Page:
“The Catholic Church does not have exclusive rights to God and Heaven. I believe it is what is in people’s hearts that is important, not how they worship. When you think of the vast populations of the world it’s unreasonable to accept that the only valid religion and the only valid viewpoint is the Catholic one. I believe people do need to follow a spiritual path in life to find happiness both in this and the next world and also that we can all benefit from listening to people more spiritually enlightened than ourselves.

    “We were brought up in the Catholic faith and the Penny Catechism was indoctrinated into us at school when we did not even know the meaning of half the words in it. Does that have to mean we are now so constrained that we refuse to explore or learn from other faiths and beliefs?

    “Regarding popes telling us right from wrong — I don’t buy the infallibility bit and deem this to be a convenient con hatched in the past to keep the masses in check. Certainly latter day popes have been saintly men but if you’ve read your history you will know that there were quite a few in the past who were anything but.”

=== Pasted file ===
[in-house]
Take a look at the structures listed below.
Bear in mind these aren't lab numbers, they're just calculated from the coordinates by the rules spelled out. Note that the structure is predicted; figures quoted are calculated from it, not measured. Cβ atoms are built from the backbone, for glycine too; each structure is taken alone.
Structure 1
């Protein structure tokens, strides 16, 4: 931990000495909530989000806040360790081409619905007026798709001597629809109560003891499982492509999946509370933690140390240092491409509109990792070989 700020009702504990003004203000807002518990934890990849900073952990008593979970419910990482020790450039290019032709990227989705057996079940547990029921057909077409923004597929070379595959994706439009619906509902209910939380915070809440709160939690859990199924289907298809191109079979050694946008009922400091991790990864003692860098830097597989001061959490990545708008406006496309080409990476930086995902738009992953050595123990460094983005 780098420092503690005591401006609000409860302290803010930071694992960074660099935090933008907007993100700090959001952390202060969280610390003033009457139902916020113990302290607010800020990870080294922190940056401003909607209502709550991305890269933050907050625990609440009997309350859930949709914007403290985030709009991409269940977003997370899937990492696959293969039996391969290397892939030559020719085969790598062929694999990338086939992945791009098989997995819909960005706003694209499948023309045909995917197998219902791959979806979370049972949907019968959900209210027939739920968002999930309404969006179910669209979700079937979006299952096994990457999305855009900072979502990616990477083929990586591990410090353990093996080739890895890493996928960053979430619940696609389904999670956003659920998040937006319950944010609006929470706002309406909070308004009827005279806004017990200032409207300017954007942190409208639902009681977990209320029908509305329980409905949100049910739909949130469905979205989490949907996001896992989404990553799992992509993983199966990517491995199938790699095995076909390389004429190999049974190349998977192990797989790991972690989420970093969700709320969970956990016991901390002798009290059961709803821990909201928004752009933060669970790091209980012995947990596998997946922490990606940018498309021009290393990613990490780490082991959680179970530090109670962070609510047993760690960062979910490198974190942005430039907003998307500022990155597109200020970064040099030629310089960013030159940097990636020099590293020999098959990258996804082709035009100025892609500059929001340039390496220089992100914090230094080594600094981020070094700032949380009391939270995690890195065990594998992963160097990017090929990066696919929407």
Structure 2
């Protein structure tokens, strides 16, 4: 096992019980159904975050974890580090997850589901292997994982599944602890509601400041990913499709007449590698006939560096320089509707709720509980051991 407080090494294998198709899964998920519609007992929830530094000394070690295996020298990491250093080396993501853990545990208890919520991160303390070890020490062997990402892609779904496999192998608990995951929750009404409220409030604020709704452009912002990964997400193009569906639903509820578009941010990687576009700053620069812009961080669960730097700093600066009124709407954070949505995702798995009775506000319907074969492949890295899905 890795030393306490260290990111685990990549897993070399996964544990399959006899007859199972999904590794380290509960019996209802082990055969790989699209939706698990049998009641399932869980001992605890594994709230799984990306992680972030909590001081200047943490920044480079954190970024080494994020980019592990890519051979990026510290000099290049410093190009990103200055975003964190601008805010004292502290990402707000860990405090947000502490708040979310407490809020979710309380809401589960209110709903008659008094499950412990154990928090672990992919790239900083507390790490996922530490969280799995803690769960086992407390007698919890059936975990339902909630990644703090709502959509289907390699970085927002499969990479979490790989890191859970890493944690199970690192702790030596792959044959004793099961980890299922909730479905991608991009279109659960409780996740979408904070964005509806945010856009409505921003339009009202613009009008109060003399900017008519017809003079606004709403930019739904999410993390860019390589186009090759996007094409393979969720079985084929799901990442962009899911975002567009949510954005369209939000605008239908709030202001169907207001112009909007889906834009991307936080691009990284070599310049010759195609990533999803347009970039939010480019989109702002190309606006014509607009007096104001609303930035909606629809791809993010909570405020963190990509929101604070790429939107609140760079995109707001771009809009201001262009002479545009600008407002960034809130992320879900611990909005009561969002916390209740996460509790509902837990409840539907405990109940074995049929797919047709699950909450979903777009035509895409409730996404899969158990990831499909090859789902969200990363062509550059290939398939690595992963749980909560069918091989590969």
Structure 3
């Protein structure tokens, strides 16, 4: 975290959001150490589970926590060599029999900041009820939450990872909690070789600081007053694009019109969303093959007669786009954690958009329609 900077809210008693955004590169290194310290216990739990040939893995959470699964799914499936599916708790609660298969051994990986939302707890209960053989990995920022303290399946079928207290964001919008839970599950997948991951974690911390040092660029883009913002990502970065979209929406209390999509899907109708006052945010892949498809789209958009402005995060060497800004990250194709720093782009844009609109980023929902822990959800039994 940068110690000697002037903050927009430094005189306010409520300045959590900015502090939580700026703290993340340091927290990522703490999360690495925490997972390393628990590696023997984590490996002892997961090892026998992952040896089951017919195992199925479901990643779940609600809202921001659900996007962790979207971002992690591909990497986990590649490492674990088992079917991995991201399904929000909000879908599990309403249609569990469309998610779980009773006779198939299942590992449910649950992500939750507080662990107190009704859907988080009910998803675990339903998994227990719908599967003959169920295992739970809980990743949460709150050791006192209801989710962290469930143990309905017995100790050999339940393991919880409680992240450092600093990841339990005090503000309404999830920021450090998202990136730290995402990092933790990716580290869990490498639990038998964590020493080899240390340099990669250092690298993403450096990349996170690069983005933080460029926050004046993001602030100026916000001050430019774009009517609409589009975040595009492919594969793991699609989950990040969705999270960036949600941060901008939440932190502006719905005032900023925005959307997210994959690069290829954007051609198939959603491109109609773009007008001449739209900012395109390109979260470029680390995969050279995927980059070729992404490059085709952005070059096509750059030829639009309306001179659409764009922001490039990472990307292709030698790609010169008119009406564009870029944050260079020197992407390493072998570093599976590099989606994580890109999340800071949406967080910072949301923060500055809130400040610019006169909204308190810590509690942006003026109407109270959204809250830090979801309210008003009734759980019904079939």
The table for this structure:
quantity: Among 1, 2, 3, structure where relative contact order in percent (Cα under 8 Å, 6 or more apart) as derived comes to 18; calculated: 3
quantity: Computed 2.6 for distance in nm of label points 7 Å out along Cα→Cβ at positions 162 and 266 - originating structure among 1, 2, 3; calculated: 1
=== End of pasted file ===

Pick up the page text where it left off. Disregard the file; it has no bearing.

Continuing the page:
Something surely is fundamentally amiss with ‘religious education’ in my homeland. I got the usual old guff about how… “it doesn’t matter which religion you follow — one is ‘equivalent’ to another”… I argued that Jews and Muslims ‘do not worship the same God as Christians.’ They may believe in God the Creator, but the Christian God is the Holy Trinity, which comprises the Father (our Creator), the Son (our Redeemer) and the Holy Spirit, who blesses and sanctifies us. When the Jews, Hindus etc. reject the Holy Trinity, they have only one third of the true picture and this is what makes their ‘religions’ invalid. This had a few people spluttering in astonishment. ….